The result is a system of coffee ordering that satisfies the intention of flat white and latte style menus whilst simultaneously allowing for new flexibility, quality and variations in flavour experiences. In other words, more potential engagement for the customer.

But can the customer properly engage with this ordering system, or is the industry moving too fast? For me, the answer is built around execution, guidance and attitude. The most fundamental aspect to the success of this system is constantly driving for higher quality from coffee so as to make different origin flavours easier to connect with.

Guidance and attitude of the person selling the coffee is still essential even if the quality and consistency is higher. This can be as simple as not using negative words such as no and can’t, and rather framing any situation as a positive, guiding the customer to their own new choice. Removing the detailed information on how an aeropress or v60 may differ can simplify the choice and in turn allow the customer to focus on what is important, coffee flavour.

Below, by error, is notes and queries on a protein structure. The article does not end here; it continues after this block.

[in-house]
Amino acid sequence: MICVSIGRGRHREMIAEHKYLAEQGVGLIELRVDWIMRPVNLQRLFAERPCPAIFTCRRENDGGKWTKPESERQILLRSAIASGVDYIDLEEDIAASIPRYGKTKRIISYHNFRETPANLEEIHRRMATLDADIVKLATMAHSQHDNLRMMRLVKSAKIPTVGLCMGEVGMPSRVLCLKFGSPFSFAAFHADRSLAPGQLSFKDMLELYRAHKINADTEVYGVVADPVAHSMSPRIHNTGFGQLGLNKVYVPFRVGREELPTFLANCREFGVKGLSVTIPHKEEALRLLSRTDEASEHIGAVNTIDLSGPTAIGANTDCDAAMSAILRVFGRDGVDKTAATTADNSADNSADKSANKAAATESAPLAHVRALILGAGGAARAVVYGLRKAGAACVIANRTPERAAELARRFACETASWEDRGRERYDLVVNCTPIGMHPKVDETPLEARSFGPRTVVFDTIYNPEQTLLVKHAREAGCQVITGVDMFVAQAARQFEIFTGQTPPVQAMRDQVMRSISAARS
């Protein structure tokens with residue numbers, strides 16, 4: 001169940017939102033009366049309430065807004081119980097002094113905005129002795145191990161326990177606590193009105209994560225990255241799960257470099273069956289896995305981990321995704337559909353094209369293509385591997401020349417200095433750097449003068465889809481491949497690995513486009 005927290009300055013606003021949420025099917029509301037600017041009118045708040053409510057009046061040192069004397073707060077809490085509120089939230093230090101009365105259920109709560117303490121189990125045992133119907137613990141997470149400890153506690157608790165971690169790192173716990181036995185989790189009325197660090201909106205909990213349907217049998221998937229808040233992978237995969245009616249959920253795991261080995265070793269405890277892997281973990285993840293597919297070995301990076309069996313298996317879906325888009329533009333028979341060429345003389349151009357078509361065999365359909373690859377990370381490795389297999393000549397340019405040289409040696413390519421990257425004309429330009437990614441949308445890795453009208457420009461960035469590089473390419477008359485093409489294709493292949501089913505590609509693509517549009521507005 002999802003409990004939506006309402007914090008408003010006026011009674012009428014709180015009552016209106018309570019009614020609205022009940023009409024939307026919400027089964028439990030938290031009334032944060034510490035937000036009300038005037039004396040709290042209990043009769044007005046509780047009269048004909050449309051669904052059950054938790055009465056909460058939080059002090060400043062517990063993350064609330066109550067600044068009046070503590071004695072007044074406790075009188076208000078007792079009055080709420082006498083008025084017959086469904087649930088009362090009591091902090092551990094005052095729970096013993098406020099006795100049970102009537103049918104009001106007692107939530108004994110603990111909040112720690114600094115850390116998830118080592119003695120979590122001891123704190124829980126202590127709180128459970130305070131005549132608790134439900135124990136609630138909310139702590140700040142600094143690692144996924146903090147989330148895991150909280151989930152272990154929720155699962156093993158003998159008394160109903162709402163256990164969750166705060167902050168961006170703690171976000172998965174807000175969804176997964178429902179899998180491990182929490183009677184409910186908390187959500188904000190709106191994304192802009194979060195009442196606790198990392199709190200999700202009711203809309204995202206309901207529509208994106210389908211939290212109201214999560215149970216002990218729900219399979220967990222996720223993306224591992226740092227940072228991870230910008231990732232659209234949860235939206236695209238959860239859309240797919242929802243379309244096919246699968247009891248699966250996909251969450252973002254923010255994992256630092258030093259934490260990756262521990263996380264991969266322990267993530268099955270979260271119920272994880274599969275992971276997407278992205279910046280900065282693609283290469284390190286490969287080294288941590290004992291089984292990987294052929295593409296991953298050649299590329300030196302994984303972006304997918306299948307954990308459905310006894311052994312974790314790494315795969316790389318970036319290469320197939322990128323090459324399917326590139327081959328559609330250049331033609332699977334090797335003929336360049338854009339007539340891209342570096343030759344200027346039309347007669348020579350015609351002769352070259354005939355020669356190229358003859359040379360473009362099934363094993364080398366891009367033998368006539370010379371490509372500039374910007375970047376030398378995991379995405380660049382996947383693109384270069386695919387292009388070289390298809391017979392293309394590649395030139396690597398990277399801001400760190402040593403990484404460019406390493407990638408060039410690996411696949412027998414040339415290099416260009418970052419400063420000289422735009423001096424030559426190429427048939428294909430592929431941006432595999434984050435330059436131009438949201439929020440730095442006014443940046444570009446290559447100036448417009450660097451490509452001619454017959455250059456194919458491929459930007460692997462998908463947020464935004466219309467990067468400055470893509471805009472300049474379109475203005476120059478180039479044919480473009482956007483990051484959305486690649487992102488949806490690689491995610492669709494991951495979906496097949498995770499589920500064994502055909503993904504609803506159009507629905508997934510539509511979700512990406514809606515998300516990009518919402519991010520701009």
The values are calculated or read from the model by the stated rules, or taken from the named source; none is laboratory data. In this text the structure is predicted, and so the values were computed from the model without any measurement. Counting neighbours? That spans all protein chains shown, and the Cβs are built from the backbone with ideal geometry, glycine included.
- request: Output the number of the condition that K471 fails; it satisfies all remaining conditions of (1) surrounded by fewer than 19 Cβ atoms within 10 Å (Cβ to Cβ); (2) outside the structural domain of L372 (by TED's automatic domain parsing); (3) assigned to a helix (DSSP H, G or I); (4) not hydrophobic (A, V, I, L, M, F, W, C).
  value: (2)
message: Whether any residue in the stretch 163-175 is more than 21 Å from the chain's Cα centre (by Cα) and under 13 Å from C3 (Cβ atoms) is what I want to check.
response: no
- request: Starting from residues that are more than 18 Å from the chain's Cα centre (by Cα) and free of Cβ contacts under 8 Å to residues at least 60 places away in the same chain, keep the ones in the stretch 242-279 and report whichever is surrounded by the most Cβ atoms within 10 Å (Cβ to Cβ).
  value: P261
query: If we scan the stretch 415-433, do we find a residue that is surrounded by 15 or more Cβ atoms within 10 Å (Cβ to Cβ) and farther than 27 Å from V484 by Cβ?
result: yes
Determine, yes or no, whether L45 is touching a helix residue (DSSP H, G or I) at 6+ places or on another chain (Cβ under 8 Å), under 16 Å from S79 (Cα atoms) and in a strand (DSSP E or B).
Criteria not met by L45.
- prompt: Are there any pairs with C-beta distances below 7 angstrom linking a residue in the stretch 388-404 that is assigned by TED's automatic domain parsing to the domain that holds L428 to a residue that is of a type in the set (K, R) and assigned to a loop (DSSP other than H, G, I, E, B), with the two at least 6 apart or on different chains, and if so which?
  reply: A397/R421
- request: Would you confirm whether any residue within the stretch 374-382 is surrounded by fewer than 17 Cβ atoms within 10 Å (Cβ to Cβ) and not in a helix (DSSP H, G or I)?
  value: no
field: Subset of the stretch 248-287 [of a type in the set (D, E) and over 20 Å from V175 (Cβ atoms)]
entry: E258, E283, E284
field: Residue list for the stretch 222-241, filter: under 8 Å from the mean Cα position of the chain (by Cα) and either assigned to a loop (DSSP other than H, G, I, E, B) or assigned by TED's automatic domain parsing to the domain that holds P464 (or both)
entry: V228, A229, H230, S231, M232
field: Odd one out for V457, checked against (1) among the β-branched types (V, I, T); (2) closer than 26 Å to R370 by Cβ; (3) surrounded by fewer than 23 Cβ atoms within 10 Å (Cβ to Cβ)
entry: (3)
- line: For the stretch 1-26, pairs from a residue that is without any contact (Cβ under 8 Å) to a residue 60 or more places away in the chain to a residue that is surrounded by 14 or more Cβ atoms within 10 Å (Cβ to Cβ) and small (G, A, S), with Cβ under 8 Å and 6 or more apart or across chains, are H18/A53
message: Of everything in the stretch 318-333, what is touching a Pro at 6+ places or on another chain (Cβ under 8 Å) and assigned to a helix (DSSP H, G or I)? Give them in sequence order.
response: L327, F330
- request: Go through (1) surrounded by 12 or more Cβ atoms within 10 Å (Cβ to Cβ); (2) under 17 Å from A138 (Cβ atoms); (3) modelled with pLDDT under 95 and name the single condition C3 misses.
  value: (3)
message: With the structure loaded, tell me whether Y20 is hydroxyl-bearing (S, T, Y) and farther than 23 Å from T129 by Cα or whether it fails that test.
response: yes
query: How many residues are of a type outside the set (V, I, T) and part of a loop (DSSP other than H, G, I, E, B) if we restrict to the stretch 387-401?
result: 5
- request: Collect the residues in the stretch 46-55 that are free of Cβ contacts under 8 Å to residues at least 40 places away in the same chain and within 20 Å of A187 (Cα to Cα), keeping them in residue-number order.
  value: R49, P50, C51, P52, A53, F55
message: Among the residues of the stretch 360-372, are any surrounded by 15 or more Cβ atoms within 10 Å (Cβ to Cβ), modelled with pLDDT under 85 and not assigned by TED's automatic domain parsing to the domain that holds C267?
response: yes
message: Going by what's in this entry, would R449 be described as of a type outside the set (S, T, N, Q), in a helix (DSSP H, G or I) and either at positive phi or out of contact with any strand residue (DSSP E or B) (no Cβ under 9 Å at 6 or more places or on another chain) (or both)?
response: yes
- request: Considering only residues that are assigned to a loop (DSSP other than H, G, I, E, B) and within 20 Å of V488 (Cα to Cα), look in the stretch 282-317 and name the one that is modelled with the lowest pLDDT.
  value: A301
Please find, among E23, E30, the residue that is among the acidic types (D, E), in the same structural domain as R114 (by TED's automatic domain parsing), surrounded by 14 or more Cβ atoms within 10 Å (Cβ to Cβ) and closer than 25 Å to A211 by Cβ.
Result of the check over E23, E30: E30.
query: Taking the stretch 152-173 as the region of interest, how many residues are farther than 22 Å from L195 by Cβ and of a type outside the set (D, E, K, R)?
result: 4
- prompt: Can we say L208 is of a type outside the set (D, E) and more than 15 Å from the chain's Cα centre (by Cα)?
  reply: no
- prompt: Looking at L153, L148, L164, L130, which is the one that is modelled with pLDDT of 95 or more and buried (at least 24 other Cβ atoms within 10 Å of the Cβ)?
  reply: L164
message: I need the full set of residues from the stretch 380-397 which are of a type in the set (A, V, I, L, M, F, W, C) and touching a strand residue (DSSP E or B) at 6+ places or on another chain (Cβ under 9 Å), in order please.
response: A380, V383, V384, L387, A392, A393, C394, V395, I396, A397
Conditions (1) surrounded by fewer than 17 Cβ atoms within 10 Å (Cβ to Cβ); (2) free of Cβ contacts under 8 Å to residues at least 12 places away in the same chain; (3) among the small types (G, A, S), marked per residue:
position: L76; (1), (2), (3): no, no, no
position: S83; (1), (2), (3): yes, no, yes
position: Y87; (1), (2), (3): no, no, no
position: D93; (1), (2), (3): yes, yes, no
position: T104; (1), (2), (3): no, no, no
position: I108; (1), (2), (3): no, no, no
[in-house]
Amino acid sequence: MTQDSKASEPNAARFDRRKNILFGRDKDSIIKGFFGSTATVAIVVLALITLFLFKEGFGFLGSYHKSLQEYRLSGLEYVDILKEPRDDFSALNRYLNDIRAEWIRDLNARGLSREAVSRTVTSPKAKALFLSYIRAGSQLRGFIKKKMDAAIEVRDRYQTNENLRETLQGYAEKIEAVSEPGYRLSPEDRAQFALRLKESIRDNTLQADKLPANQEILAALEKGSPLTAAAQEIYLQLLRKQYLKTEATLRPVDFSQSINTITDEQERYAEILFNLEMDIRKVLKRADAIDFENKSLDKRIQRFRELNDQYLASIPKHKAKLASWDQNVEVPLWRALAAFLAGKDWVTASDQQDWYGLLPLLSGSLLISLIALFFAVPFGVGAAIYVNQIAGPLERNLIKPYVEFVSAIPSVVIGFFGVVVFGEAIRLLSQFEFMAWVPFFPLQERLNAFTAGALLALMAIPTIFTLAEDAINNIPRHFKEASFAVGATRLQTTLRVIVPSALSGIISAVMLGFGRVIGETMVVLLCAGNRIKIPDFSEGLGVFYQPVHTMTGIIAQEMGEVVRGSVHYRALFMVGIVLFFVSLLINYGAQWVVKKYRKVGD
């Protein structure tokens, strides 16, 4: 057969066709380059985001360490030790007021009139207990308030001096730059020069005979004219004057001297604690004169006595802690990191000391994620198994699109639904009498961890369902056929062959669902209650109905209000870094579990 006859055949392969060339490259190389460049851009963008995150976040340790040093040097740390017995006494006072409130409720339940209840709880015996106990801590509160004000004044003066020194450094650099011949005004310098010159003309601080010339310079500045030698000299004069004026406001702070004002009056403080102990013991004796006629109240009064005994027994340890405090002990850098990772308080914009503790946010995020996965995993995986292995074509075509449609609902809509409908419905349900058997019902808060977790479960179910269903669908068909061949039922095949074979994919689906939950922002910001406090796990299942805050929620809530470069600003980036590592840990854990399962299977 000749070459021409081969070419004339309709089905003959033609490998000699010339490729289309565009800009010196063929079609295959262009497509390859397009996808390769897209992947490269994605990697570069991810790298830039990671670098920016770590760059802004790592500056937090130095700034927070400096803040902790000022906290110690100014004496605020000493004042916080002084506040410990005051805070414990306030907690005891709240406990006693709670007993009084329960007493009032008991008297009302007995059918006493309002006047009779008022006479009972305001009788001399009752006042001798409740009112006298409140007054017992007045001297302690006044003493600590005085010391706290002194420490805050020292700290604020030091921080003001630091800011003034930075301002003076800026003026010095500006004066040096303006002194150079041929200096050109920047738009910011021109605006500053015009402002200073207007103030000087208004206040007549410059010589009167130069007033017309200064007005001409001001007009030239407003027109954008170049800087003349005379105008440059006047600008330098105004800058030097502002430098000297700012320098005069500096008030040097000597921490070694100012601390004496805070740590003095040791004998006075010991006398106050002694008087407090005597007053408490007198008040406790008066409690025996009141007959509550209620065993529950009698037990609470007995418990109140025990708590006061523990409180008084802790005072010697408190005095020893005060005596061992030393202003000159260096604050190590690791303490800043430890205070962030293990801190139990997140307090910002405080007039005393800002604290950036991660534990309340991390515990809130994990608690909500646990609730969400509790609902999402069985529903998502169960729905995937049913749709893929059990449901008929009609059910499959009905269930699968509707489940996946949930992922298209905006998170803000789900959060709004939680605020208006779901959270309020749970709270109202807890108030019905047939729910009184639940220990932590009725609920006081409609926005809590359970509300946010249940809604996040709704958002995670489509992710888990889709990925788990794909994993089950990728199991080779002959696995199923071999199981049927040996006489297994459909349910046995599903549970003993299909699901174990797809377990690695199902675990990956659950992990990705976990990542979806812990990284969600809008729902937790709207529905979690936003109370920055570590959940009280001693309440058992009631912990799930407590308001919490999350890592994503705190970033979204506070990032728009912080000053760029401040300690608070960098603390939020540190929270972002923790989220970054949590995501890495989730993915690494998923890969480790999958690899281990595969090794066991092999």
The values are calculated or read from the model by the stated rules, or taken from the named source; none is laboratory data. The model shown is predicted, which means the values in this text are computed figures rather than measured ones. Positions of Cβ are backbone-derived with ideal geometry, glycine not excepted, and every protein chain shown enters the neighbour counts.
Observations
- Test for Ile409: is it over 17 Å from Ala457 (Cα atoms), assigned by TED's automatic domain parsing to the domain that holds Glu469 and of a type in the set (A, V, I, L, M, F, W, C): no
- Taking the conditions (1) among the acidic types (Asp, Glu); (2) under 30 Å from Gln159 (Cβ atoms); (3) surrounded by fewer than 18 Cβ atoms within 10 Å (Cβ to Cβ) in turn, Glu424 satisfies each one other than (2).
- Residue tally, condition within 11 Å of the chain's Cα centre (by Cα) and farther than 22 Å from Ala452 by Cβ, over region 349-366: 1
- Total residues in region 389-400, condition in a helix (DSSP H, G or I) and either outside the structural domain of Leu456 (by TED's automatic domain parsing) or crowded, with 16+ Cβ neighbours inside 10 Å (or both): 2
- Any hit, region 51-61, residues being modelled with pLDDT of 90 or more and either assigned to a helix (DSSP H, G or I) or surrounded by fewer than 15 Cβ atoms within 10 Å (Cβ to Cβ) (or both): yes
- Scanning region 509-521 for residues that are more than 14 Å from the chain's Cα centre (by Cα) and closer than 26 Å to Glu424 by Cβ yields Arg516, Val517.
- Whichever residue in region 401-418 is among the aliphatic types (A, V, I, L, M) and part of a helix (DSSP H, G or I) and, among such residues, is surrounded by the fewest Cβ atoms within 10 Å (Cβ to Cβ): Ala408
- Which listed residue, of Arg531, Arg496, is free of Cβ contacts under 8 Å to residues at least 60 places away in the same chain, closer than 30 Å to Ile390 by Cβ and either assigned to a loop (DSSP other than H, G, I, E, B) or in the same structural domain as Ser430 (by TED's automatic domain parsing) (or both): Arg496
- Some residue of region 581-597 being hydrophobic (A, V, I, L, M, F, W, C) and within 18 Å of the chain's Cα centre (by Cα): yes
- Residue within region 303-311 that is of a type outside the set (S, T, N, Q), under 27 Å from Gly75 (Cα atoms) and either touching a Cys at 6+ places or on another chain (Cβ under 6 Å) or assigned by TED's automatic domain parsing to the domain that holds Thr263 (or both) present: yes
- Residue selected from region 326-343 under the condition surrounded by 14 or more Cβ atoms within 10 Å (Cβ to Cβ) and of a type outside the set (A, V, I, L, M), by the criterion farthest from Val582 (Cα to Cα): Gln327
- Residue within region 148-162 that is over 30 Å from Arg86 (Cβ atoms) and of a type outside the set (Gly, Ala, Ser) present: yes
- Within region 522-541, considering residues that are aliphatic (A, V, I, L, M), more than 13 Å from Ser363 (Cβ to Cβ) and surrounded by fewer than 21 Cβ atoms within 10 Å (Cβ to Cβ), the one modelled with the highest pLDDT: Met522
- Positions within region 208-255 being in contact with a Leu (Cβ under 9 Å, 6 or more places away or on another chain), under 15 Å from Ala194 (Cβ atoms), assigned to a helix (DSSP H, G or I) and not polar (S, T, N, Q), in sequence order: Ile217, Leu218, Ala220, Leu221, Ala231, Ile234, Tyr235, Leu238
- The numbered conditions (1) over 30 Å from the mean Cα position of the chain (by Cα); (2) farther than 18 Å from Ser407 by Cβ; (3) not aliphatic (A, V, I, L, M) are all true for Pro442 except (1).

Moving forward, I still see driving for higher quality as the most important aspect. Creating new ‘baselines of quality’ gives the perception of more consistency. Without proper execution of flavour to match expectations, the whole delivery of specialty coffee to the consumer means very little, unless their expectation of quality is very low.

With subtle restructuring of coffee menus, and the removal of the noise and information overload I see coffee being sold based on intensity, flavour and quality expectations, and something anyone can connect with.

Hugh Kelly 
ONA Coffee Research and Development